Trust the Bubble: Why I Like Long-Form Content on Social Media

The scene begins … I’m holding a heavy cabinet while my friend checks the spirit level. “It all begins with the cornerstone cabinet,” he’s says. I nod. My yoga breathing is helping me as he levels the cabinet and drills the screw holes.

long-form content on social media

When the last cabinet was in, I was reminded of the golden rule of carpentry. When the foundation is right, everything that follows is true. If that first cabinet starts off even the slightest bit out of alignment, by the time you get to the end of the wall, the very last cabinet is not just a little out of whack, it’s A LOT out of whack.

So we go along, putting each cabinet up, straightening, nudging, aligning. We make it right.  And the spirit level (how great a name is that for a tool?) is consulted time and time again. We are constantly seeking the right level.

“Trust the bubble,” he says. “It never lies.”

Trusting myself

When I began writing blogs and posting on social media, the bubble in my internal spirit level was off. I was trying to follow a format that existed rather than find my own path. It took awhile, but now I post in my own style.  The caption or blog might be short, it might be long depending on what I have to say. And I’m OK if not everyone likes everything. The key is to simply show up consistently with something to say.

They say your vibe attracts your tribe. I’ve always had a person in mind when I write and you are still there with me – that person who says thank you, or I get it, or that helped me today.  It’s about you. I want to connect with my perfect person and if that person doesn’t like reading three paragraphs, they probably 1. aren’t reading this anymore!  And 2. aren’t right for my message.

For clients, I post in a style that is true to them, but lately, with the changes Facebook and Instagram have made, my team and I experiment with post length, style, time of day, etc. For instance, last week we posted three stories of about 300 words each on the Images by Lighting Facebook page — one a day — small blog posts about three fantasy events, perfect for getting in the holiday  spirit. We got the best response EVER. From the stats on the back-end, we got thousands of views and on the front end, more likes than we had been getting just posting one pretty picture at a  time. Next month we will try more Facebook Live sessions. It’s about staying fresh.

Why that works…

Facebook has found that by restricting our access to followers, it can get us to pay to promote posts and take out ads. I don’t begrudge that in the least. They are a business, and that’s what businesses do. But we, as users of this platform, can’t continue to do the same thing we’ve been doing and expect different results. And so we make a shift with Facebook, realigning our spirit level with its in order to find balance.

Business pages used to get 12 – 20 percent organic growth simply by posting. Now, with the new algorithms, it’s five percent at best. It’s important to remember we are not only working to keep our viewers happy, but working to keep Facebook happy too. Posting longer stories instead of links to blogs or articles that take people away from Facebook,  does just that!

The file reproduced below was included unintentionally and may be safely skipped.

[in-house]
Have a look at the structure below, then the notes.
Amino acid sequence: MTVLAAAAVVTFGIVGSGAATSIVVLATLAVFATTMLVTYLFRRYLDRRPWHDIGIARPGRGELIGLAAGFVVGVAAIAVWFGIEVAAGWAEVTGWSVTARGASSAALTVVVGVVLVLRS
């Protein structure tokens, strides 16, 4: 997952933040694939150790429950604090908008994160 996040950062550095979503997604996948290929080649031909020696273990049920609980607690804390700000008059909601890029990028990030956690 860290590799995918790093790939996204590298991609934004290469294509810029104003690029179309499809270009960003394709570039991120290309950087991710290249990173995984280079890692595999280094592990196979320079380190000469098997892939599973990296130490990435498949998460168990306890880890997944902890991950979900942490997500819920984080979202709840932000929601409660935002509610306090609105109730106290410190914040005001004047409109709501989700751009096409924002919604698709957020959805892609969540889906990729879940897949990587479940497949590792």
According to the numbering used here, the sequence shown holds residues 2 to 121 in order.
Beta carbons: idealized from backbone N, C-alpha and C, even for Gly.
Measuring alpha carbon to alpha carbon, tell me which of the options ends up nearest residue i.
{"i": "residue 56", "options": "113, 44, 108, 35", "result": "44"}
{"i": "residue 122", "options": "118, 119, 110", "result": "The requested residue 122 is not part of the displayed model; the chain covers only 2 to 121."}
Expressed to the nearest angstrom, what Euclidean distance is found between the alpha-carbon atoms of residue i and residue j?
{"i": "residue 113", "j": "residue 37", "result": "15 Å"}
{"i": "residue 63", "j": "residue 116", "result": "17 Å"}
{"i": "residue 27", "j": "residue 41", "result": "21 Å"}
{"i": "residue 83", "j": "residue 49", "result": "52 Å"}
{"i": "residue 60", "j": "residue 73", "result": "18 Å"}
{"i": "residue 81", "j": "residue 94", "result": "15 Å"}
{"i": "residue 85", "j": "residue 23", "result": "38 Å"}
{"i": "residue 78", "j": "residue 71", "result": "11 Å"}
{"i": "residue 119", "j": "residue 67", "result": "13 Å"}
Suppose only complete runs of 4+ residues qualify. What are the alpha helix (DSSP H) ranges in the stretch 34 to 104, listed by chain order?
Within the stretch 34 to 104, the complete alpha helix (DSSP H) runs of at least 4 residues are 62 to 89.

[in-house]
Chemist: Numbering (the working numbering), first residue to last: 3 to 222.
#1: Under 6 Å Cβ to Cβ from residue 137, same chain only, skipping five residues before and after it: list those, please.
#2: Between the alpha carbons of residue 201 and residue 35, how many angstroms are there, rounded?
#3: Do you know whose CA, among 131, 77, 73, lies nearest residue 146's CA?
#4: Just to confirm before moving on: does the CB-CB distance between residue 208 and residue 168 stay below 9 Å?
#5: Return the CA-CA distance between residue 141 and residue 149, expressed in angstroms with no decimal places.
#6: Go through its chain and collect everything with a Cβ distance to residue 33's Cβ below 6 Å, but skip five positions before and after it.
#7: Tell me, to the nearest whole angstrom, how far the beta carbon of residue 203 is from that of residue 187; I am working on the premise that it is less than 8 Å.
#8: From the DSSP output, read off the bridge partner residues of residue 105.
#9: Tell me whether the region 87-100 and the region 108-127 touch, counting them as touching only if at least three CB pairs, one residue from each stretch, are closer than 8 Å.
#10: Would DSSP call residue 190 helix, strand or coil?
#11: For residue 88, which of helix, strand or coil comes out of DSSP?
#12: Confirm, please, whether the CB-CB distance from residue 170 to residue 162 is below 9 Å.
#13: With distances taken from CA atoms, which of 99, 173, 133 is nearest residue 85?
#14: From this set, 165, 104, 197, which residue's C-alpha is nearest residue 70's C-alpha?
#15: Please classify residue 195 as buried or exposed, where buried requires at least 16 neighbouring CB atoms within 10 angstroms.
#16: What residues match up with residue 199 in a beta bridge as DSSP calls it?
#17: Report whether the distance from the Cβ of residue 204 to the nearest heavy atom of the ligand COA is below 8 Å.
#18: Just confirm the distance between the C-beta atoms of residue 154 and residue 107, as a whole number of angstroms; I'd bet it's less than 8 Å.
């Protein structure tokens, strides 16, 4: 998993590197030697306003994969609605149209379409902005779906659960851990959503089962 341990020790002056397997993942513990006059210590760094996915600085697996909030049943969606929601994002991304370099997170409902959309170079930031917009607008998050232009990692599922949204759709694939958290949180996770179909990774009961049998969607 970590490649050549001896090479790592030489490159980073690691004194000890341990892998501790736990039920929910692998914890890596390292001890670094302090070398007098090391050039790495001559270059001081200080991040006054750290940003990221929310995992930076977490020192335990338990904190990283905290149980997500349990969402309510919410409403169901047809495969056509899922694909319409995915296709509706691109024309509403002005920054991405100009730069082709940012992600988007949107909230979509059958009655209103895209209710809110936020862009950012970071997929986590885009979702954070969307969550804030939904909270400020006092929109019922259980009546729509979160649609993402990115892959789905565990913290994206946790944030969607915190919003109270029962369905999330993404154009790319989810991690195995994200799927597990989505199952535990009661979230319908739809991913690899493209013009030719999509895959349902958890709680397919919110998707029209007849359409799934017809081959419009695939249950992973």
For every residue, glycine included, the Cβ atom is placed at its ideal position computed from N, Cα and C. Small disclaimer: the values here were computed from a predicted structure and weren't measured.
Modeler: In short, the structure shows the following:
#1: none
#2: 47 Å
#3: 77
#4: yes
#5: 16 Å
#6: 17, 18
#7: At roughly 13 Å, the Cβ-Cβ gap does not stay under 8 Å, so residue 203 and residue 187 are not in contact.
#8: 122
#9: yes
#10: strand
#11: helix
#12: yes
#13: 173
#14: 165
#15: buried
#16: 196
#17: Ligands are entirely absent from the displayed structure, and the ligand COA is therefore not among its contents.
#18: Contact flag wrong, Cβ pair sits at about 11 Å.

And so I’ve gone long …

I’m not alone in liking or promoting longer posts. Ev Williams, the founder of Twitter, made waves when he started a blog called Medium to bring back long-form writing. Yes, the creator of 140 characters believes in paragraphs! He started Medium to find another way to connect because as he said, “There’s more “content” than ever. But it’s also harder than ever to find signal amongst the noise and facts amongst the fiction — let alone inspiring ideas and high-level discourse, which is what the internet was meant to be.” Read more of were Medium is at now after five years.

And yet, even with the noise, people are finding their tribe via long-form. On Instagram, most of the people I follow are doing more than sharing pretty pictures. They are telling stories, engaging with followers and imparting information and inspiration. A few of these are @hilaryrushford, @jasminestar, @onlinestylist, @laracasey, @ryanholiday, @jengotch. Even @garyvee, who made his name with video, goes on for a few paragraphs. And for those of you who like some hard evidence, last year the Pew Research Center came out with a study that showed people will read longer content on their smart phones if it captures their attention and is of value.

The point is …we might have gotten out of whack with what we thought that social media was.

marketing goalsWe thought it was a lot of followers, a lot of likes. Then that changed.

We thought it was great visuals. Then everyone had the same photo and style.

marketing goals

We thought it was about about connecting through thoughts, feelings and making content that matters. And we were right!


I’m hoping that our spirit levels will check the bubble again and see content, words, connecting as something more than just clicking on “like.” Leave a comment on posts you like, start a conversation, go ahead — it is, after all, SOCIAL media! It’s a bubble, to be sure, but the bubble never lies when we are true to our spirit.

Finding our own level on social media: Long-form posts on social media inform, inspire, differentiate and connect. Click To Tweet
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